Mr. Samuel Tawell read the Sixteenth Annual Report, from which it appeared that 314 fresh scholars had been admitted during the year to the Free Day School for infant boys and, girls. The average daily attendance was 345. These children represented 136 families, only four of whom attended places of worship; 23 children were fatherless and motherless, 51 were fatherless and 15 motherless, and 13 quite destitute of homes. The children in this School were taught reading, writing, grammar, and an outline of geography; and the girls, sewing. During the year many of these had made great progress, and had been sent to situations. During the winter months 200 garments had been given away; 81 coal-tickets, for each of which the bolder received 1 cwt. of coals; and 60 poor families received bread for three weeks on payment of 2d. per loaf. During the past year, owing to the exertions of the master, 66 boys and 24 girls had been sent to situations, 32 destitute boys and 21 girls had been got into Refuges, and 32 boys into the Red Brigade Shoe-blacks; 29 were employed as Crossing-sweepers, and 9 restored to their friends, making 203 provided for from this branch of the institution. Eighty-six men and boys attended the Evening School, and 80 a Night School. Although detained from 14 to 16 hours a day at work, they evinced a strong desire for elementary knowledge. The Report also gave a satisfactory account of the working of the Crossing-sweepers, of the Mothers' Class, of the Industrial Class, the Clothing Society, the Male Night Refuge the Female Night Refuge for the Homeless, the Bible School the Women's Bible Class, and the Ragged Church.

When the construction of an approach road to the new Smithfield meat market required the demolition of the School's premises, a site was purchased on Little Saffron Hill on which to erect a new building to house all of its operations. The foundation stone for the new building was laid by Lord Shaftesbury on June 13th, 1865, and the completed structure was opened by him on June 6th, 1866. The building was designed by Mr W. Higgs of Russell Square, with a total cost, including the site, of £18,000. The basement floor contained separate receiving rooms for male and female inmates, with baths and lavatories. There were also separate lavatories heated by steam for the purpose of drying the clothes of those coming in wet, kitchen, together with a food room, laundry and wash- house. The ground floor comprised two refuges for males and females, with separate receiving-rooms for each, 90 feet by 21 feet, with master and matron's rooms adjoining. The first floor included a Bible-class room, dormitories, servants' home, baths and lavatories, committee-room, etc. The second floor housed the main school-room, which measured 90 feet by 42 feet.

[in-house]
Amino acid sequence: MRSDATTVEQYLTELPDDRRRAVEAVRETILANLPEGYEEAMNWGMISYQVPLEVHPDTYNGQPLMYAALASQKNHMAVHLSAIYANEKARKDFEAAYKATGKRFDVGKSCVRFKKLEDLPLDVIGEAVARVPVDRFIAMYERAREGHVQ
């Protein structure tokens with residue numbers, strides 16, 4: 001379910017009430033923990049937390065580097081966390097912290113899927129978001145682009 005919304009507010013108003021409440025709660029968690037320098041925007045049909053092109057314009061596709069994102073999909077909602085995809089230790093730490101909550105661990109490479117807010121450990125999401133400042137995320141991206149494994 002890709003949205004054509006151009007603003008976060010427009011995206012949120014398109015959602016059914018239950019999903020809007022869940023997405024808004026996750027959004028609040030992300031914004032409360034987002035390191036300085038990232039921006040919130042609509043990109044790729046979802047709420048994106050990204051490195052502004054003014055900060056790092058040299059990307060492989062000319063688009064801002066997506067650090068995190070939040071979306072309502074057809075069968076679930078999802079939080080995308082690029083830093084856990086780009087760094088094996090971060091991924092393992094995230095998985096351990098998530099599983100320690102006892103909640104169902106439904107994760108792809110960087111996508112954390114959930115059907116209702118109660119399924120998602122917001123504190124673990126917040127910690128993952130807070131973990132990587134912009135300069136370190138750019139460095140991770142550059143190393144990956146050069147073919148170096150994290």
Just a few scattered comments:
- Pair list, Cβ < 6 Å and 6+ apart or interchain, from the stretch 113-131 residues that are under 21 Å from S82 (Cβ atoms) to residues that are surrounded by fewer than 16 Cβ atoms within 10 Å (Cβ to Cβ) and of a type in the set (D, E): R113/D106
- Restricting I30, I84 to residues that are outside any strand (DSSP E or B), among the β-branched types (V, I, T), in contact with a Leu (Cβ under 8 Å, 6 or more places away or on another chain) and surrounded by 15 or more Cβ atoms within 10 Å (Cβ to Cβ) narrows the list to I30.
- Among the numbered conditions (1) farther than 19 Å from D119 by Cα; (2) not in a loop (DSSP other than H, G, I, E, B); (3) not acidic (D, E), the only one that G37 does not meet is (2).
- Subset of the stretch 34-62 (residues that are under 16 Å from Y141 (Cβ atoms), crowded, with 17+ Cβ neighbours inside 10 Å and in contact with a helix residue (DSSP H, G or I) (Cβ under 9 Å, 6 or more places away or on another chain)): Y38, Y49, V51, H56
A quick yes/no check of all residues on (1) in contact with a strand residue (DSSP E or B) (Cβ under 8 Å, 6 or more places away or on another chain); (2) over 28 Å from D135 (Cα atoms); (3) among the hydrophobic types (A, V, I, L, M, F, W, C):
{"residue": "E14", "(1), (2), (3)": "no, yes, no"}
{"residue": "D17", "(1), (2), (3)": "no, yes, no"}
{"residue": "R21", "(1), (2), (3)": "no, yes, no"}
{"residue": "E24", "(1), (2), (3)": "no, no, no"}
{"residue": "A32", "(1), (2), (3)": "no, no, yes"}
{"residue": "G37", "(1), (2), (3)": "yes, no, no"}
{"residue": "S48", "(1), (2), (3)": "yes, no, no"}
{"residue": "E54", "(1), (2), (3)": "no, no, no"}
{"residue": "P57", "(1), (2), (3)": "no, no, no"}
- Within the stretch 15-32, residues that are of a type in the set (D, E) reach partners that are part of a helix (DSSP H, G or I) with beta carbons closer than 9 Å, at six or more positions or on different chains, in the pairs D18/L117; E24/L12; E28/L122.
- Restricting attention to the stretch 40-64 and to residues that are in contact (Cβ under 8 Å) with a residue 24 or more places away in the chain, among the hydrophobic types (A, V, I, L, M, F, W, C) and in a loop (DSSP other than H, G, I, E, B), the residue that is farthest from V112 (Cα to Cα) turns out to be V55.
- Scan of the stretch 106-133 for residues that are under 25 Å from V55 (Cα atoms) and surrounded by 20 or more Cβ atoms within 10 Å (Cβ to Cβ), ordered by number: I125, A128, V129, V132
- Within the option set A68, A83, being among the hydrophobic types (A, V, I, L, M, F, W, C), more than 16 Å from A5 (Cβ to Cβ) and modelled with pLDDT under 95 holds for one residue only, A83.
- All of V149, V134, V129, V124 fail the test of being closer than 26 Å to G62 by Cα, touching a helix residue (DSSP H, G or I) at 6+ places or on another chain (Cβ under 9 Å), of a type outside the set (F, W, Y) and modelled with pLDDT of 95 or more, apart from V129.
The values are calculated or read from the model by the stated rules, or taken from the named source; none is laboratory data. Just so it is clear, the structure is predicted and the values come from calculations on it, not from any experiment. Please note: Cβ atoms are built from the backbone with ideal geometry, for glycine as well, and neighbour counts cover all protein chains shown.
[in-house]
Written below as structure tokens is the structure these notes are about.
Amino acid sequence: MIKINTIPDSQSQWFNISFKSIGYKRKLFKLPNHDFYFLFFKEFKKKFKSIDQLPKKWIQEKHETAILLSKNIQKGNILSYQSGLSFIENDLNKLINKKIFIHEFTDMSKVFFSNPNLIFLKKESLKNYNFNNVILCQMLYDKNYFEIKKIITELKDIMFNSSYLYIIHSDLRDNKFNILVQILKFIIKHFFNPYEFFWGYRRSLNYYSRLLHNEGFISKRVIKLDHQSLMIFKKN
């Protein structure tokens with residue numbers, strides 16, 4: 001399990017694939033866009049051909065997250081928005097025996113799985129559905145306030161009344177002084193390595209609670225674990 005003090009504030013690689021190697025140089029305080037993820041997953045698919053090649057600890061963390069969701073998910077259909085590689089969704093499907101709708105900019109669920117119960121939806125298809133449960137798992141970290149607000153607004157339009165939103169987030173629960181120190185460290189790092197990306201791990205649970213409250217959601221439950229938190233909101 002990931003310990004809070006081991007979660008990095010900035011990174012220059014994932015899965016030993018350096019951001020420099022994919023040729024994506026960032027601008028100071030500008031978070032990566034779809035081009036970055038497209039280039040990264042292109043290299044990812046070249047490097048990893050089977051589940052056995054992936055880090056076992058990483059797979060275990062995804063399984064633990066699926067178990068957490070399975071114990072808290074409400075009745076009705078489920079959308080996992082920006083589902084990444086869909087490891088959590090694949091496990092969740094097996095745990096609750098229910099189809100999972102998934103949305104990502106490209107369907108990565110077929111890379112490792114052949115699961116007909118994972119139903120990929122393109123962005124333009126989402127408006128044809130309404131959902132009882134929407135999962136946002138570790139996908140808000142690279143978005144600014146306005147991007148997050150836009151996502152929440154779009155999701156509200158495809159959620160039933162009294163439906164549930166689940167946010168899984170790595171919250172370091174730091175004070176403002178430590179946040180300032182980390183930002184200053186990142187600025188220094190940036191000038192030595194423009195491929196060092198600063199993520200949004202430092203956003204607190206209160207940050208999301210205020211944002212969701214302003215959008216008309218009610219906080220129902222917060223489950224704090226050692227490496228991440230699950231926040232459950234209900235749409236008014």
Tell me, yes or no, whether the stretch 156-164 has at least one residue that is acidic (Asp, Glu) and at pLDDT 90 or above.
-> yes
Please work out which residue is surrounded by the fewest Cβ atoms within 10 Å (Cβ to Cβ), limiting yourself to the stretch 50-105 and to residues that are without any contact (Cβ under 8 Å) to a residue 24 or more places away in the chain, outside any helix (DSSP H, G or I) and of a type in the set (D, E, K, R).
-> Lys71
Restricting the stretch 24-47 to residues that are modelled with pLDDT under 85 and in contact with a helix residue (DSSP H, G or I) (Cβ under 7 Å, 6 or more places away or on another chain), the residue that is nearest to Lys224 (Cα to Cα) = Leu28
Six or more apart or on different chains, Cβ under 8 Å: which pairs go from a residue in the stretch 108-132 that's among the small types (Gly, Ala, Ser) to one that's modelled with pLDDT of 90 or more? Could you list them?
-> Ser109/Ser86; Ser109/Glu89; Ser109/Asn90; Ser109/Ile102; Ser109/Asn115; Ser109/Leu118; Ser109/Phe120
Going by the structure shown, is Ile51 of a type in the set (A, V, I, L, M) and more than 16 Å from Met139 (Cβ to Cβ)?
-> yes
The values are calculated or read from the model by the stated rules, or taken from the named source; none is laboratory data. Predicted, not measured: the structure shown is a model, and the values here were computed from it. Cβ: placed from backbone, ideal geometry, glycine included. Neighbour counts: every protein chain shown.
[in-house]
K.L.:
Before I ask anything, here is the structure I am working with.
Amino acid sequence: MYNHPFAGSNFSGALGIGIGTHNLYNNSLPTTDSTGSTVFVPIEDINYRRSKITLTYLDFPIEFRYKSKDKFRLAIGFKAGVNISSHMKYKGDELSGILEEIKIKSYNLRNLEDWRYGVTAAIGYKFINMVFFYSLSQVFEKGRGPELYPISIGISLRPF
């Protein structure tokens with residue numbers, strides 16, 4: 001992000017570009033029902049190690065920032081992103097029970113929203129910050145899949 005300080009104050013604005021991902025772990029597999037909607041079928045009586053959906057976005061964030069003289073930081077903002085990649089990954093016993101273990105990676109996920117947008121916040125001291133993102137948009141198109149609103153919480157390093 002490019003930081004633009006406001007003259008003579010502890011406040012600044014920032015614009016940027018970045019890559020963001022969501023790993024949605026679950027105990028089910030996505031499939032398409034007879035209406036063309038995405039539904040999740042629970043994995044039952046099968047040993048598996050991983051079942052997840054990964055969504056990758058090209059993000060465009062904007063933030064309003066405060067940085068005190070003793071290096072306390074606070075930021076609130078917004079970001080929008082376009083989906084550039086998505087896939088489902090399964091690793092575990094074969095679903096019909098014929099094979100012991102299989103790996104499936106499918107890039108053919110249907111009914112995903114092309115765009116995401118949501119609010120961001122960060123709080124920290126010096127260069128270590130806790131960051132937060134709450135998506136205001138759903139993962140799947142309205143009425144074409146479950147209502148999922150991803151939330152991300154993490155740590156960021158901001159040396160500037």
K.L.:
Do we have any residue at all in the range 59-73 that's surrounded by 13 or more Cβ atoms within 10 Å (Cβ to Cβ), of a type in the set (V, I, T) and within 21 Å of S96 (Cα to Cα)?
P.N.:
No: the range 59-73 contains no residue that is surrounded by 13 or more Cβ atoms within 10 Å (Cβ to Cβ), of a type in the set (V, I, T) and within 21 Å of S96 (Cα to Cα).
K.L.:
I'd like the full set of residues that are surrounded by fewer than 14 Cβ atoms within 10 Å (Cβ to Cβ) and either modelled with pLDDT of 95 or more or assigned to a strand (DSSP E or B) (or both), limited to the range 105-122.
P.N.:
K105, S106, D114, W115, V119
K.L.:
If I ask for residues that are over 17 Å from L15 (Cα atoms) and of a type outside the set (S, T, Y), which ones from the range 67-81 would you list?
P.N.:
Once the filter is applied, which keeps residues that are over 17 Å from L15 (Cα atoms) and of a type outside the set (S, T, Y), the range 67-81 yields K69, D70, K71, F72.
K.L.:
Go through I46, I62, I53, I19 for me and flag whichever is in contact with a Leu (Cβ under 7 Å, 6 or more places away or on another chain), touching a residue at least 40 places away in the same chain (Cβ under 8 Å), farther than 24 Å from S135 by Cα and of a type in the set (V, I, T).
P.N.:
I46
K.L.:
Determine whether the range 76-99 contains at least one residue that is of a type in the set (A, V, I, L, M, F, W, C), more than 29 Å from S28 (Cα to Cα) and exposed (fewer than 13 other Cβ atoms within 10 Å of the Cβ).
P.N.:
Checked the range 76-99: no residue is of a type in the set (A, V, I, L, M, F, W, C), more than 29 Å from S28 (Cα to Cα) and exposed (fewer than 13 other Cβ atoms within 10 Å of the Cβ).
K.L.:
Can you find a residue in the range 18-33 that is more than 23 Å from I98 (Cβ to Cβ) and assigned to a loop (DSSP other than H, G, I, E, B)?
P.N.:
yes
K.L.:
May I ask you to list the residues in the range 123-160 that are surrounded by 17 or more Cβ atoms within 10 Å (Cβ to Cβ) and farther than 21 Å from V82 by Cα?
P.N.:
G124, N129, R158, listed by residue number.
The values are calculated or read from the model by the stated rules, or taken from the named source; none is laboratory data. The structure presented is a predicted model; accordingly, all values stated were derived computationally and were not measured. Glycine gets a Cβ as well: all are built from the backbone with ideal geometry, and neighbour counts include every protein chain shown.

Opening of new Field Lane Ragged School premises, Saffron Hill, 1866. © Peter Higginbotham

Girls at Field Lane Ragged School, Saffron Hill, 1871. © Peter Higginbotham

On July 19th, 1870, the part of the premises were certified to operate as an Industrial School, allowing the School to house up to 80 children committed by the courts. A report in 1871 recorded that, in addition to classroom lessons, the boys in this department received industrial training which included tailoring, shoemaking, and wood chopping. The girls were employed in needlework and housework. It was also noted that the ragged school had a daily attendance of 1,000 children The superintendent of the Industrial School was Mr F. Williams, assisted by a schoolmaster (Mr Kirke) and labour-master. Mrs Webb had charge of the girls' school.

In 1872, it was discovered that the construction of the new Clerkenwell Road was going involve the compulsory purchase and demolition of the recently occupied new building and that another move was required. A site was eventually obtained on Vine Street (now Vine Hill) where the foundation stone was laid for a new building on June 13th, 1877. Unfortunately, the School was required to vacate the Little Saffron Hill site before the new premises were completed and had to operate for a year in temporary accommodation on Wilderness Row.

Field Lane Ragged School and Night Refuge, Vine Street, c.1880. © Peter Higginbotham

Assembly hall at Field Lane Ragged School and Night Refuge, Vine Street, c.1880. © Peter Higginbotham

The decision was also made to move the Industrial Schools out of central London and to open separate establishments for the boys and girls. In 1876, the girls moved to premises on Church Row, Hampstead recently vacated by the Hampstead Girls' Reformatory. For the boys, a new building was erected at Hillfield Road, West Hampstead. However, as this was not ready for occupation until 1878, the boys' Industrial School took up temporary residence in part of the Wilderness Row accommodation.

Former Field Lane Ragged School and Night Refuge, Vine Hill, London.

The institution founded by Andrew Provan is now known simply as Field Lane and continues to provide care and support for people who are frail or who have learning disabilities.

Records

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Bibliography